In order to write classic-style titles in a French text, the technique of using a préposition before the remaining words of the title is often used. A widely known example is Rousseau's "Du contrat social". Even tough that style is pretty old-fashionned, modern French texts might content such literary sugar, e.g. some news articles or research papers. A few examples, extracted from that website, could be:

  • "De l'incompréhension du propos";
  • "De la méconnaissance du Japon".

I was wondering how the style of those titles could be kept in an English translation and how to have an equivalent English aesthetic effect.

  • 4
    The English equivalent is, for example, On the Origin of Species Commented Mar 8, 2017 at 23:00
  • 1
    I'm voting to close this question as off-topic, requesting translatiion and style advice. Commented Mar 8, 2017 at 23:08
  • @FumbleFingers thank you for your answer. It is a shame I forgot that example.
    – Char siu
    Commented Mar 8, 2017 at 23:15
  • @EdwinAshworth Actually, I browsed the web for an hour to find an answer to my question. That question and FumbleFingers answer may be useful for someone.
    – Char siu
    Commented Mar 8, 2017 at 23:15
  • 1
    @Lyudline: There's also Of Mice and Men and About a Boy. But they're not really good examples, and offhand I can't think of better ones. Commented Mar 8, 2017 at 23:33

2 Answers 2


In this context, the preposition de in French means “about”. This is a relatively rare meaning of the preposition, which is usually closer to “of”. De at the beginning of a title in French comes from de in Latin. In Latin, de in this context means “about” and was often used at the beginning of titles, e.g. De rerum natura “On the Nature of Things”, De legibus “On the Laws”, De contemptu mundi “On Contempt for the World”, … In Latin, and later in French up to the classical period, this form of title was very common for works of philosophy and natural philosophy (i.e. science).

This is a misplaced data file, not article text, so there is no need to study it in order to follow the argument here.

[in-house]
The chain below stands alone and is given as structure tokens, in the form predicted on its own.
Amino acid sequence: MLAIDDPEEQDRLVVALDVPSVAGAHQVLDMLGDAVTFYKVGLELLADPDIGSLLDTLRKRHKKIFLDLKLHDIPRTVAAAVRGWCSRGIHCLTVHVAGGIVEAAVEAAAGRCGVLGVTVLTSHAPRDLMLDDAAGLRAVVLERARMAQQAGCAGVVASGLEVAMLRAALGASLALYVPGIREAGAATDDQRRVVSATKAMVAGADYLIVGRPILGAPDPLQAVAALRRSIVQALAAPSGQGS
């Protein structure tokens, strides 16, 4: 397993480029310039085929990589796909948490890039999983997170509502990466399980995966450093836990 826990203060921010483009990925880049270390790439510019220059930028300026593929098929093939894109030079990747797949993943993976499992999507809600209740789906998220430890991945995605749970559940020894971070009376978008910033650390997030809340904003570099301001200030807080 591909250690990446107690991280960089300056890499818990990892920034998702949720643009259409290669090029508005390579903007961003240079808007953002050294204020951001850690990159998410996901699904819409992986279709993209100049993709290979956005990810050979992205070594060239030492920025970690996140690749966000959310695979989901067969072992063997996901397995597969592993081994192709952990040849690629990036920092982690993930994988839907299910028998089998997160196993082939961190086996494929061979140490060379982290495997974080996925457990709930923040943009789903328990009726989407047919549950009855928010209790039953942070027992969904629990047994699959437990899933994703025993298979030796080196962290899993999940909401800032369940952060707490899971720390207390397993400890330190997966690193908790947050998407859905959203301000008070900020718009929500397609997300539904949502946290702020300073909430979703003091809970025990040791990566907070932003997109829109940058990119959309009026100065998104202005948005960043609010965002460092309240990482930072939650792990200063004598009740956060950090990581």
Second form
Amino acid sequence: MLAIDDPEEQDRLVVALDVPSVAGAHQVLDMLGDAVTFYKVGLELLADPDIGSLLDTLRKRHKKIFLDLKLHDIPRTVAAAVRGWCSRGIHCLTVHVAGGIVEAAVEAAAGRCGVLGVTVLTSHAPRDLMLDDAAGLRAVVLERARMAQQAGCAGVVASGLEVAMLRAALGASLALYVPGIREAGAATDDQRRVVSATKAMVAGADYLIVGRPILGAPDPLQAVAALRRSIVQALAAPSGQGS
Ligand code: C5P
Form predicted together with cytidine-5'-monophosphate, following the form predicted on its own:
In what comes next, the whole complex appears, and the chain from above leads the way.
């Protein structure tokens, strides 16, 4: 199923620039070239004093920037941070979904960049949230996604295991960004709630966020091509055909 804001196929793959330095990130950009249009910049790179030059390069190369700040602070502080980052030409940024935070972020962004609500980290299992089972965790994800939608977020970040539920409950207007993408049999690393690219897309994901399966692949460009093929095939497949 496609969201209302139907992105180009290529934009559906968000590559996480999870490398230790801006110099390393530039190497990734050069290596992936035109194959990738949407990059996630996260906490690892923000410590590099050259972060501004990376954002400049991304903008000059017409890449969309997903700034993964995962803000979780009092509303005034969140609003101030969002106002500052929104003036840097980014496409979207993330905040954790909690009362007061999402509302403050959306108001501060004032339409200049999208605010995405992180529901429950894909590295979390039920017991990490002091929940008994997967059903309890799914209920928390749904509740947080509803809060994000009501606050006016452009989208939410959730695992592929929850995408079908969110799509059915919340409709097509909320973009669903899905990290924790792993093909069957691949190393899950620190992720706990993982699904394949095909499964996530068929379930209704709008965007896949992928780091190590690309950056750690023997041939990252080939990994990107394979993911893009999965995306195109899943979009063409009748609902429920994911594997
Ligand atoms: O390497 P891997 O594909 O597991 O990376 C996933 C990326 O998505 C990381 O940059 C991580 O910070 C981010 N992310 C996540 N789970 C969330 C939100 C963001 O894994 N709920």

For these Latin titles I've given what seems to be the usual English translation. As you can see, the preposition on is traditionally used. On also traditionally commonly starts the title of books about philosophy and science in English: On Liberty, On the Origin of Species, …

But of is also used, for example Of the Interpretation of Nature, Of Liberty and Necessity, … Rousseau's work is classically translated as The Social Contract or Of the Social Contract.

Starting a title with de sounds as old-fashioned in French as starting a title with on or of does in English.


Starting a title with "On" or "Of" in English isn't old-fashioned at all. It is, however, an indication that the writer has some familiarity with literature.

Consider William Zinnser's classic book, "On Writing Well". The title was not considered "old-fashioned" when it was published in 1976, nor is its title considered old-fashioned now.

  • Do you have a source for it not being considered old-fashioned?
    – JJJ
    Commented Mar 4, 2019 at 22:44

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